The Clinton administration disguised income redistribution and higher taxes as deficit reduction.

Similarly, its proposal for a single bank regulator disguises political domination of bank lending as a way to simplify government and lower the cost of regulation.

The scheme also fails to address the urgent need to comprehensively reform regulation of the financial services industry.

The proposal has superficial attractions, including "reinventing government" and neatening the regulatory structure.

But looking deeply, one discovers that the real objective is political control of the economy and implementation of a social agenda - without the bother of getting legislation through Congress.

An Attack on the Fed

An independent, powerful Fed, with its responsibility to control inflation, is the principal obstacle to the fulfillment of that ambition. So the proposal contains what is arguably one of the cleverest and most dangerous attacks ever mounted on the independence of the Federal Reserve System.

How would the administration's goal be accomplished by the Federal Banking Commission?

First, by its composition. Members would be politically appointed, with relatively short terms - five years. The idea that they would be independent of the administration is transparent nonsense.

White House Control

In fact, the President would control three of the five commission votes - those of the chairman, the Treasury secretary, and the outside member from the President's party. They would be completely dependent on the administration.

Furthermore, the outside member from the opposition party would owe his position to the President.

The fifth member - the chairman of the Fed - would be effectively isolated.

Would the commission chairman and other presidential appointees be tough, experienced regulators, concerned with safety and soundness and the health of the industry? Or would they be more influenced by the politicians who approve their appointments, and by special interests - housing groups, diversity advocates, and others?

Worrisome Precedent

The recent appointment to the Federal Deposit Insurance Corp. board of an individual whose sole banking expertise is in government relations, community relations, and philanthropy answers the question - and the answer is extremely worrisome.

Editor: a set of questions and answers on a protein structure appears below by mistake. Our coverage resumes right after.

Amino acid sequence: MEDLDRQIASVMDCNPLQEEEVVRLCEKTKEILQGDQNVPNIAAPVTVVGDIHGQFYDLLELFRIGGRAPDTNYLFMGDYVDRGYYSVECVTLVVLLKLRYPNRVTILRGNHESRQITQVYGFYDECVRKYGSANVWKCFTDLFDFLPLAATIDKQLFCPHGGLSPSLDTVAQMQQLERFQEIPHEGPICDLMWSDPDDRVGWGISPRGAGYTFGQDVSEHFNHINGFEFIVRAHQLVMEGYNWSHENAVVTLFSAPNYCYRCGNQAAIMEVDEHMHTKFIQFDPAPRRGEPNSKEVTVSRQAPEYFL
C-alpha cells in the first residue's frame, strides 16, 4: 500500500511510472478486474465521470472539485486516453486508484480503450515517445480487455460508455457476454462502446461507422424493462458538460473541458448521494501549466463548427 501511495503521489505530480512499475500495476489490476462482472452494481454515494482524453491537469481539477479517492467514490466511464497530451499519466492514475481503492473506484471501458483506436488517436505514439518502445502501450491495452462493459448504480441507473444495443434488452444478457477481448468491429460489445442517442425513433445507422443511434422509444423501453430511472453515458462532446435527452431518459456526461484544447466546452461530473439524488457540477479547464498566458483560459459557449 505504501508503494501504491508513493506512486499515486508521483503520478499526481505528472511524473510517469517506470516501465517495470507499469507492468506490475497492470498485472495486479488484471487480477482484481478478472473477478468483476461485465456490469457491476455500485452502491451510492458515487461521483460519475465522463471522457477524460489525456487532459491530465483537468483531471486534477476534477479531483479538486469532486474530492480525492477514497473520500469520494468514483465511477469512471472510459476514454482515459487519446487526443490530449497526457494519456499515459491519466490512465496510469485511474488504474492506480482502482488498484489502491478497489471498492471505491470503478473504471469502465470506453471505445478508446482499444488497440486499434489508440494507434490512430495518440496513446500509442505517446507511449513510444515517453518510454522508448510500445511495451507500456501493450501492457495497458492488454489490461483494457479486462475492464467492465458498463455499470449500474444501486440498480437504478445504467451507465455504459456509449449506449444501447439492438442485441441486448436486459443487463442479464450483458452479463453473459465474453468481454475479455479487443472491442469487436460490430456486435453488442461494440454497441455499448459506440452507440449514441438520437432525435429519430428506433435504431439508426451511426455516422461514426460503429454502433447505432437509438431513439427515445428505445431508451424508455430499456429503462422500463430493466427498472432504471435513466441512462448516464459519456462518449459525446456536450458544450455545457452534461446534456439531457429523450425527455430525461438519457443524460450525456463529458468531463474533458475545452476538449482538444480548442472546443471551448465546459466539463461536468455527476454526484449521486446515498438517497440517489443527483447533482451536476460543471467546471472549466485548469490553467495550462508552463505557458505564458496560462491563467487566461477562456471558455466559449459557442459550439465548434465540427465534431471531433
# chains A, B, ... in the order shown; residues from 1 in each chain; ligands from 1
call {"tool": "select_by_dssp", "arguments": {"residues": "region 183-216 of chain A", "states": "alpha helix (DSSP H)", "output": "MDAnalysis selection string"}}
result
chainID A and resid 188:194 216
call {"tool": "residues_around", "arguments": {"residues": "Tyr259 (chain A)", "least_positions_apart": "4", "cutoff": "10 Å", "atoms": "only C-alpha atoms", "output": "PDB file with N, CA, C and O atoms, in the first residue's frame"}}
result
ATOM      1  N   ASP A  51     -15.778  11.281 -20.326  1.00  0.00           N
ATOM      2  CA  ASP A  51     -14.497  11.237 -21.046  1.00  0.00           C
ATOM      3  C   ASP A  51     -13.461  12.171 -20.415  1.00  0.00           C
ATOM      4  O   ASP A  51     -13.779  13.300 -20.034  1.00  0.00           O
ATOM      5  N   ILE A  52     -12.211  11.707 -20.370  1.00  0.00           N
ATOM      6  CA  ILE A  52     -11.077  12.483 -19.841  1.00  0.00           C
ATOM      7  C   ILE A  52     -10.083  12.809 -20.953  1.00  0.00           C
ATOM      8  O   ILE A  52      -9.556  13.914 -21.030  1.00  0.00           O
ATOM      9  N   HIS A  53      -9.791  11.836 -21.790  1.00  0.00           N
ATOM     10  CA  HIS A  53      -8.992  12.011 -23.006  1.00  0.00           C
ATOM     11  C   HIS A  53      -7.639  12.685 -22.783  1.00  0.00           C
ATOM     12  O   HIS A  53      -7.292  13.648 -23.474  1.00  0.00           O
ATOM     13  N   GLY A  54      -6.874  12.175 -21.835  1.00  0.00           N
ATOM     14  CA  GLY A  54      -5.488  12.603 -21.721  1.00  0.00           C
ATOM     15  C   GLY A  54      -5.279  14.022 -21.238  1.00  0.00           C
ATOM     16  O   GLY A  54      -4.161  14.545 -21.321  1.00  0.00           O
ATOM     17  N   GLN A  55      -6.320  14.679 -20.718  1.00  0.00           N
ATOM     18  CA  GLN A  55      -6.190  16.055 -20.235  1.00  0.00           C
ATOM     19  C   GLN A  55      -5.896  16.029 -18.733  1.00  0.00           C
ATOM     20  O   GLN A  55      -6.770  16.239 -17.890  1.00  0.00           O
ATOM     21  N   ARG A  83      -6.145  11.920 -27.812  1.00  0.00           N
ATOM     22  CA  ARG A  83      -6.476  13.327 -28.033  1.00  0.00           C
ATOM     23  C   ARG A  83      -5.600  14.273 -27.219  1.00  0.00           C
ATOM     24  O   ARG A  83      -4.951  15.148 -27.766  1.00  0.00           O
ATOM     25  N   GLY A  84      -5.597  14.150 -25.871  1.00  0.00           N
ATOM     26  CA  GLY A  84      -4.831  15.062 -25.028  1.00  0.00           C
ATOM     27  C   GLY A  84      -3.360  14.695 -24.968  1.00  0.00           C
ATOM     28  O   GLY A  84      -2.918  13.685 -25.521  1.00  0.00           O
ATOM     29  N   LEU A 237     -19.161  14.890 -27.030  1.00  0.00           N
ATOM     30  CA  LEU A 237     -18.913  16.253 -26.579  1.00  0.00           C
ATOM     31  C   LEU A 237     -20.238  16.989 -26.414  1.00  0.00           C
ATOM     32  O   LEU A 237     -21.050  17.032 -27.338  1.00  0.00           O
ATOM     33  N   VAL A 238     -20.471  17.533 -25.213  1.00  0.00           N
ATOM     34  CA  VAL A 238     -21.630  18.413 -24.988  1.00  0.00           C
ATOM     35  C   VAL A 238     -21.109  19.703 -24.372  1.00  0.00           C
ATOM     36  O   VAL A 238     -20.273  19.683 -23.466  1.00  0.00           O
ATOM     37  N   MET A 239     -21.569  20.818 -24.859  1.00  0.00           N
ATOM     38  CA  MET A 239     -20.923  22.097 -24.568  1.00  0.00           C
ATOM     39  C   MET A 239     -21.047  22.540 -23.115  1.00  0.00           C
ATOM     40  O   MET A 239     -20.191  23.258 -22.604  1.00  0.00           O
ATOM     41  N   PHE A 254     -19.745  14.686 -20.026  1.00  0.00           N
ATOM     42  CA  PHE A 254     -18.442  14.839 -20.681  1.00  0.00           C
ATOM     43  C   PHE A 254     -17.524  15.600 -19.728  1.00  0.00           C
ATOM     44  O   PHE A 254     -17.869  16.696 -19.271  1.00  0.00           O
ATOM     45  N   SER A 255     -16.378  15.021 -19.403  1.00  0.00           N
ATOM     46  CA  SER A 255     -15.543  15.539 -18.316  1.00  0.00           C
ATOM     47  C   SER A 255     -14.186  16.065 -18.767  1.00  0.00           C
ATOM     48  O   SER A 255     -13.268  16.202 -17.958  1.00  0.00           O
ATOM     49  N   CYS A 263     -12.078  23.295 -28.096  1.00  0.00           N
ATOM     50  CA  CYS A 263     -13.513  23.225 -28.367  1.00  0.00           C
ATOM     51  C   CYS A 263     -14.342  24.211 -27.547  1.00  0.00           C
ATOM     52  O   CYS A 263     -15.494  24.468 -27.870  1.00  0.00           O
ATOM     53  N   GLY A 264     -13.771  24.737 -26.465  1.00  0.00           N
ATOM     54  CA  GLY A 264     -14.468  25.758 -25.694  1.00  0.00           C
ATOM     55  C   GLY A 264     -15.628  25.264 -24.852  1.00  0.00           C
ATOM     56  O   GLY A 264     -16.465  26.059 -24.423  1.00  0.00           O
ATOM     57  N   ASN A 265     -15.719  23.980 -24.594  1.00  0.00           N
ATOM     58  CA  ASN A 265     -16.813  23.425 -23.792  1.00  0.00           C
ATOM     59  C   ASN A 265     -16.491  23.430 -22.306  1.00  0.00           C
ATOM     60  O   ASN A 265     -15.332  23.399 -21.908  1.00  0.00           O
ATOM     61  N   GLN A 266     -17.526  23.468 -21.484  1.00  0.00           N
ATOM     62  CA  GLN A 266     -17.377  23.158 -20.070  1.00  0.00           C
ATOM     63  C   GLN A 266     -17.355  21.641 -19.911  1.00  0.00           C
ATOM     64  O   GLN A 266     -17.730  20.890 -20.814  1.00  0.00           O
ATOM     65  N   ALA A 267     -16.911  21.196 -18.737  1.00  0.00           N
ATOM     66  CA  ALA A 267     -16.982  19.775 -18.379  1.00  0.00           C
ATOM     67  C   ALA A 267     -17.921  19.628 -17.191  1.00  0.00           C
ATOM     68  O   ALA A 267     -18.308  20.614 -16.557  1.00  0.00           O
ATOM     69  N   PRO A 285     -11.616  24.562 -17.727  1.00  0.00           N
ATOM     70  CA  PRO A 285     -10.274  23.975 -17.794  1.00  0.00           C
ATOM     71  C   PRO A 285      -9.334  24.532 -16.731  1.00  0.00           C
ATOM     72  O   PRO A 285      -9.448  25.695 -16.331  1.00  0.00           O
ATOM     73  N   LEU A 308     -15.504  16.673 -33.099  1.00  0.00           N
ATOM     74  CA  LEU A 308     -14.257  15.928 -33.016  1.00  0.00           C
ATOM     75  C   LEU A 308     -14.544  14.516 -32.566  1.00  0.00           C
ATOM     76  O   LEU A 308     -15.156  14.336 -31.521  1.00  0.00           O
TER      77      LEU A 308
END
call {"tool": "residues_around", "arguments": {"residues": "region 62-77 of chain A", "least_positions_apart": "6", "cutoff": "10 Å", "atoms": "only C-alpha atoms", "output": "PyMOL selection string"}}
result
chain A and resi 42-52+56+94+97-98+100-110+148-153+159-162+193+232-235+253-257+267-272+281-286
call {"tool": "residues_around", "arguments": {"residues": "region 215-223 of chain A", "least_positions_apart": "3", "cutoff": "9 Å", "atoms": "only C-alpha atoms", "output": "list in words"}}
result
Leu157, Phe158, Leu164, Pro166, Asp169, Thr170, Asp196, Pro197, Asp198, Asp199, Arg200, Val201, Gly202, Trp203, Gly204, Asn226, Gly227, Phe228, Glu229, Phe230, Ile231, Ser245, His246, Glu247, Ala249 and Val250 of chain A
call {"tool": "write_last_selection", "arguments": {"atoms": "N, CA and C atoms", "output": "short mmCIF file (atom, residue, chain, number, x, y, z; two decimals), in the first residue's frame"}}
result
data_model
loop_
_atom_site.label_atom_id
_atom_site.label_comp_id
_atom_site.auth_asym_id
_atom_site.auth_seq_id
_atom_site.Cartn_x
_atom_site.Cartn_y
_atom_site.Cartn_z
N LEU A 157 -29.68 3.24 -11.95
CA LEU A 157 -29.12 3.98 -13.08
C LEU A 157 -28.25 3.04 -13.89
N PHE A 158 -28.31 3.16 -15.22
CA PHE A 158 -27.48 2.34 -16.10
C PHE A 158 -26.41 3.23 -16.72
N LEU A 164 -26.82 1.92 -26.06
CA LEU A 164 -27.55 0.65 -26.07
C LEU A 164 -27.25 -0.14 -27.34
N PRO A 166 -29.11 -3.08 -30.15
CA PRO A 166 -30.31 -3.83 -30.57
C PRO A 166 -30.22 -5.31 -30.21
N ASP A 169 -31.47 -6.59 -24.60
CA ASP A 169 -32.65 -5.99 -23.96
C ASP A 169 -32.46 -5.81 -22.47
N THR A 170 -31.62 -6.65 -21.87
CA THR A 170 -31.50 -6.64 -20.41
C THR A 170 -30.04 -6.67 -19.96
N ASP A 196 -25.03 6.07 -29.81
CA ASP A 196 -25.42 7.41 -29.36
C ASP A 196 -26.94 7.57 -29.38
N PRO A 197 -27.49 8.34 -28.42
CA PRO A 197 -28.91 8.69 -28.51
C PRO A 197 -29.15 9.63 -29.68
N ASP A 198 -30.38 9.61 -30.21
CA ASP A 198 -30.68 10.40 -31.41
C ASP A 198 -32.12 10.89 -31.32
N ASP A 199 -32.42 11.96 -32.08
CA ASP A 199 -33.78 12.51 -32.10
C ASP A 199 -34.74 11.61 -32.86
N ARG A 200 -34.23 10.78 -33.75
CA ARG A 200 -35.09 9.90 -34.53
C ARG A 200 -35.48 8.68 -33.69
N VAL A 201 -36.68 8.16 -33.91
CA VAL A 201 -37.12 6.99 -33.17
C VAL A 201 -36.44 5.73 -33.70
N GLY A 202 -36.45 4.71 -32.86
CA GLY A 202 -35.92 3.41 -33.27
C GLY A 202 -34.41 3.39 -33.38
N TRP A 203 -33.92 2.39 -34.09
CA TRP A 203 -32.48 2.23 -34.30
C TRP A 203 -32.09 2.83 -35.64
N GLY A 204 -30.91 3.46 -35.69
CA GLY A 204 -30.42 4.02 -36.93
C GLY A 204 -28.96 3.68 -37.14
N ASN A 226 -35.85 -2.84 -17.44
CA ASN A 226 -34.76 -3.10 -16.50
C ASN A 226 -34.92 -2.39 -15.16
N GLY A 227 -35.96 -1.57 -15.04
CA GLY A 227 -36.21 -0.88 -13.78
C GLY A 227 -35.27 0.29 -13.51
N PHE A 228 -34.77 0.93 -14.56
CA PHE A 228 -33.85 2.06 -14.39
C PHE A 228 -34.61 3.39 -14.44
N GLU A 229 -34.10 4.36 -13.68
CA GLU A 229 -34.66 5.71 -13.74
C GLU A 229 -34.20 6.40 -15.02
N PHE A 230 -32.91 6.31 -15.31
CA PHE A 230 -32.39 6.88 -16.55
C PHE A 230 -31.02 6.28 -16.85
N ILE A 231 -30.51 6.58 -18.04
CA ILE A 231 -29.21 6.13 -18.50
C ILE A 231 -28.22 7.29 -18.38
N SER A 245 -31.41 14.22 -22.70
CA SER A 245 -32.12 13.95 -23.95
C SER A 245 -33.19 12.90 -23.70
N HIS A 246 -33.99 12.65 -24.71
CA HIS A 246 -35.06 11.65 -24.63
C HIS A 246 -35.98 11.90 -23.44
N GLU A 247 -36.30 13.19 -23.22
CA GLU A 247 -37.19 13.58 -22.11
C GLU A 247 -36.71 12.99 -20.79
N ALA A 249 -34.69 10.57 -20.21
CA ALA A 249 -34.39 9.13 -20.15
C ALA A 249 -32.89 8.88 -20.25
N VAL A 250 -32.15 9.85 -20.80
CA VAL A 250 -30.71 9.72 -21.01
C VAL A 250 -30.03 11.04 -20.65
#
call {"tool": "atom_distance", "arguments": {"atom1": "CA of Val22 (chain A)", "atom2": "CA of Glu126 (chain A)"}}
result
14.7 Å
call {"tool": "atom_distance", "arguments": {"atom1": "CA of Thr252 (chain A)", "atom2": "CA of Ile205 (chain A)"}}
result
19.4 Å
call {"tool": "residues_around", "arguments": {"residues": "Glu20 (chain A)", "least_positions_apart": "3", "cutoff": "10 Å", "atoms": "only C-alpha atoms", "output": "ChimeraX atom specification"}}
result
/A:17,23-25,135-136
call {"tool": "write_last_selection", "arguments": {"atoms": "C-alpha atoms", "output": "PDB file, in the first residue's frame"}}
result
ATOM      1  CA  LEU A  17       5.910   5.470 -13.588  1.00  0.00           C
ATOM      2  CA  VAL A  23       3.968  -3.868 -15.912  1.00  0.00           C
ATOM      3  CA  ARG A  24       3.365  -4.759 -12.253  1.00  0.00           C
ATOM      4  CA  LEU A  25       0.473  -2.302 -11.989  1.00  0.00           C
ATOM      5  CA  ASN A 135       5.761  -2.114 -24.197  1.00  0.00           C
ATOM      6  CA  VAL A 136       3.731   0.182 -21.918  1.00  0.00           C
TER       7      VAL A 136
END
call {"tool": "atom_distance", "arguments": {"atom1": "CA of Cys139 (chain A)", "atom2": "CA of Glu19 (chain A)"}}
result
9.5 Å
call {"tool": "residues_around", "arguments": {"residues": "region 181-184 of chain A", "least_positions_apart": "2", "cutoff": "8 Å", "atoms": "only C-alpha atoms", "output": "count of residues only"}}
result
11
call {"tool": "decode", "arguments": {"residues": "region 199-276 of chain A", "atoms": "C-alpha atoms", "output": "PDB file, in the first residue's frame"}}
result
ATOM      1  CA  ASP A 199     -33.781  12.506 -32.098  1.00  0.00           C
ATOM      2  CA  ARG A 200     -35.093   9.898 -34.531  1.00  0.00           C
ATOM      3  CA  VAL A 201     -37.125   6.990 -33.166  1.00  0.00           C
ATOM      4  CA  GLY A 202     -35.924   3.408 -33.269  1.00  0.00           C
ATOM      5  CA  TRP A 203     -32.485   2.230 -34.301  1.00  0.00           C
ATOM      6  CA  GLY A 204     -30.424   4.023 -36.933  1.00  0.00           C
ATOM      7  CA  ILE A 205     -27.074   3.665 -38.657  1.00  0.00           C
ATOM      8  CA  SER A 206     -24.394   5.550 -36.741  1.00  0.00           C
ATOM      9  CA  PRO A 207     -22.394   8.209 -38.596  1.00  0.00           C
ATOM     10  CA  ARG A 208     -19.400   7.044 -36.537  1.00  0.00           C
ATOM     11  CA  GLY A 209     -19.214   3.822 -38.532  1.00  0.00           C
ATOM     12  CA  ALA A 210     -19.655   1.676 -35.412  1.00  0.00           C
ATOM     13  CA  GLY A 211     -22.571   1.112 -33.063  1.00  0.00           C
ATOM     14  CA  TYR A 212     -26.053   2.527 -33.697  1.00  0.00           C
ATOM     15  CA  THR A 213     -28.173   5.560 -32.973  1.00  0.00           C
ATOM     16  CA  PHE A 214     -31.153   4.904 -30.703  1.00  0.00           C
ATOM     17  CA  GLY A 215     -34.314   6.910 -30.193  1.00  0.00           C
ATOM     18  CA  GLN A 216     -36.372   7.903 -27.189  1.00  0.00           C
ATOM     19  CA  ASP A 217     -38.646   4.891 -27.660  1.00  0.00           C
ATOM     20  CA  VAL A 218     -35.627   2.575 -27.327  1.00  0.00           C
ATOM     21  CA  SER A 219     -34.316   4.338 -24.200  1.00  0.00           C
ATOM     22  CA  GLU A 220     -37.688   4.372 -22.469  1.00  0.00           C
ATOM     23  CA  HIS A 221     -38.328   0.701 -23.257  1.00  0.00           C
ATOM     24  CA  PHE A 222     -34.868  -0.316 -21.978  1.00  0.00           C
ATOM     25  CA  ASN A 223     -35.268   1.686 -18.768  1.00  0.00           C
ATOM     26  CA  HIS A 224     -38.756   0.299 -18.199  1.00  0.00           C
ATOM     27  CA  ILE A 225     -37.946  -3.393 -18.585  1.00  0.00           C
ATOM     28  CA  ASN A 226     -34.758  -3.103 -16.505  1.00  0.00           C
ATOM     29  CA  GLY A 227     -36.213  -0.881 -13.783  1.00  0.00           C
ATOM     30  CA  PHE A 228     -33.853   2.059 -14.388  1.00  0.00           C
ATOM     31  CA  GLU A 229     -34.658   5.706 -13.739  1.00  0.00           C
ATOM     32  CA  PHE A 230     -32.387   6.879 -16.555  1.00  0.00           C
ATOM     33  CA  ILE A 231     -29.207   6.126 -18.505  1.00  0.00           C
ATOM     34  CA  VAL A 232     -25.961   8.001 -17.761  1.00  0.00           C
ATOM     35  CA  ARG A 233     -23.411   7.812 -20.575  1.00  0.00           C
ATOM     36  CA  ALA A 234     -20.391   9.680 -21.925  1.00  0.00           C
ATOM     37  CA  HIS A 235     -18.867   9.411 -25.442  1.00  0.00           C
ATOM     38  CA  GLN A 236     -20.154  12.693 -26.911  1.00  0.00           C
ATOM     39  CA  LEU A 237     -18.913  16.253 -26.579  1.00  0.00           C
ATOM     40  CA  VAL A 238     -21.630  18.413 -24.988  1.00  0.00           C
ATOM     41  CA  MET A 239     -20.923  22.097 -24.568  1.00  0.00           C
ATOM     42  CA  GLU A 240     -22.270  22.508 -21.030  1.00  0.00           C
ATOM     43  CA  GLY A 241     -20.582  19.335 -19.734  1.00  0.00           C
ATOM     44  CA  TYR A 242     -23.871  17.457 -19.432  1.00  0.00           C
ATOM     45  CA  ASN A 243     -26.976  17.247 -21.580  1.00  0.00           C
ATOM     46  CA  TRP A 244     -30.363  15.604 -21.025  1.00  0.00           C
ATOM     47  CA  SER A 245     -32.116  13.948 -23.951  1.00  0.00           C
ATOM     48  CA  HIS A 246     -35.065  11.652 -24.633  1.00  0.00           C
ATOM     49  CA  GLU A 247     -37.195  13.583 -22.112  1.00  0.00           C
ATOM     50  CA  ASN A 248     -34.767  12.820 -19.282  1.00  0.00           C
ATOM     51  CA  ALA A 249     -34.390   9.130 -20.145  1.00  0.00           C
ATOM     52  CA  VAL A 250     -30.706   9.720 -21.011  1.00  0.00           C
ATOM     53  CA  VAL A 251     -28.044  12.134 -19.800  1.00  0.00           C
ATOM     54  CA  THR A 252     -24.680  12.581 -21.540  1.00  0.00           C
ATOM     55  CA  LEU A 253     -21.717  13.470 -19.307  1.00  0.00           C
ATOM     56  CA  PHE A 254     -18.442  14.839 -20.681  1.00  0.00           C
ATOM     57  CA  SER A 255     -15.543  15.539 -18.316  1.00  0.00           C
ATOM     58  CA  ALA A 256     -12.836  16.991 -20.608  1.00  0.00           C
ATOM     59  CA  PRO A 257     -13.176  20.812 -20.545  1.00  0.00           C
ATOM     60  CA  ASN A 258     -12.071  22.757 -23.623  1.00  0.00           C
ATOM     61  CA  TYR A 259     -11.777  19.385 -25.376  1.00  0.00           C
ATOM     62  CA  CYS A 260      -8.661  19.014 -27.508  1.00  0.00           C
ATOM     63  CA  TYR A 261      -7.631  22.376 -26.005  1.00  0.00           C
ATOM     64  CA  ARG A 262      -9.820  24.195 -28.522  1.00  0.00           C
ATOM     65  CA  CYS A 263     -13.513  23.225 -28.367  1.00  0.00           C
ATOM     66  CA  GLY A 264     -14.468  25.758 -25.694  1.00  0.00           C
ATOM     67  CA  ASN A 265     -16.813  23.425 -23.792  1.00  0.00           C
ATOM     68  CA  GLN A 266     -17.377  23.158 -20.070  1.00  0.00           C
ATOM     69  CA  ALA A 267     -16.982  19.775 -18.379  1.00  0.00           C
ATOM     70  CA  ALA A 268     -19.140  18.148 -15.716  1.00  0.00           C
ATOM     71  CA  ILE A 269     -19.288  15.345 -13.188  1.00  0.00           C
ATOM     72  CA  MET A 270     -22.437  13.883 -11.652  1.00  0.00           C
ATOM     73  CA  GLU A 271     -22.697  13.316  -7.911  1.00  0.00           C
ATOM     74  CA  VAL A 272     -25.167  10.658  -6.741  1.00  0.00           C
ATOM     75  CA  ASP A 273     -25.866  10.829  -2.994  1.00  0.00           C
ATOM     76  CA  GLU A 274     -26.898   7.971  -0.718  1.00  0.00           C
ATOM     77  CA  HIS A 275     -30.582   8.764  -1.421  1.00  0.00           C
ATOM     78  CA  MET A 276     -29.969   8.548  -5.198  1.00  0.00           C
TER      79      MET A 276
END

The political composition of the commission would make it susceptible to influence by members of Congress from the President's party - Republican or Democrat. It was precisely this weakness of the Federal Home Loan Bank Board, and its inability to resist Congress, that led to the savings and loan calamity.

With a political commission as sole regulator and without a powerful, independent central bank. the fixers and manipulators would resume burrowing, this time into the heart of the banking system.

Real Reform Needed

The administration's pursuit of a political and social agenda distracts from what is really needed - complete reform of the financial regulatory structure. Holding out the illusion of reform, the administration leaves intact an unbalanced financial services structure that perpetuates the erosion of the banking industry.

It is wrong solution for the wrong problem.

The outdated solutions of the 1930s - separating the banking, insurance, the securities industries - cry out for comprehensive reform. So do the new agencies of consumer protection, and, indeed, the antiquated, creaking committee structure of Congress.

Instead, the administration proposes tinkering with just one small part of the problem - duplicative and costly bank regulation. In the process, it casts aside a system of tried and true checks and balances.

The Russians have recognized that they need an independent central bank, free from influence by their president and parliament. Why are we moving in the opposite direction?

All Banks Threatened

About the only favorable aspect of this situation is that this is an issue on which the banking industry can and must unite. Community banks are as threatened as big banks by a single regulator, subject to political leverage and bent on forcing bankers to accept its lending policies and social manifestos in place of free market judgment - a regulator banks cannot escape by changing charters.

The industry must take control of the debate. This plan is not about reducing the cost of regulation. It is not about simplifying government. It is about political control of the banking business. It is about the stability of the financial system and the United States economy.

Once again, banks have been forced into opposition. Never mind. This is a fight for survival that can be won. This time bankers can demonstrate that political manipulation is not in the voters' economic interest, and that reform of financial services regulation is.

Mr. Furash is chairman and chief executive of Washington-based Furash & Co., a management consulting firm.

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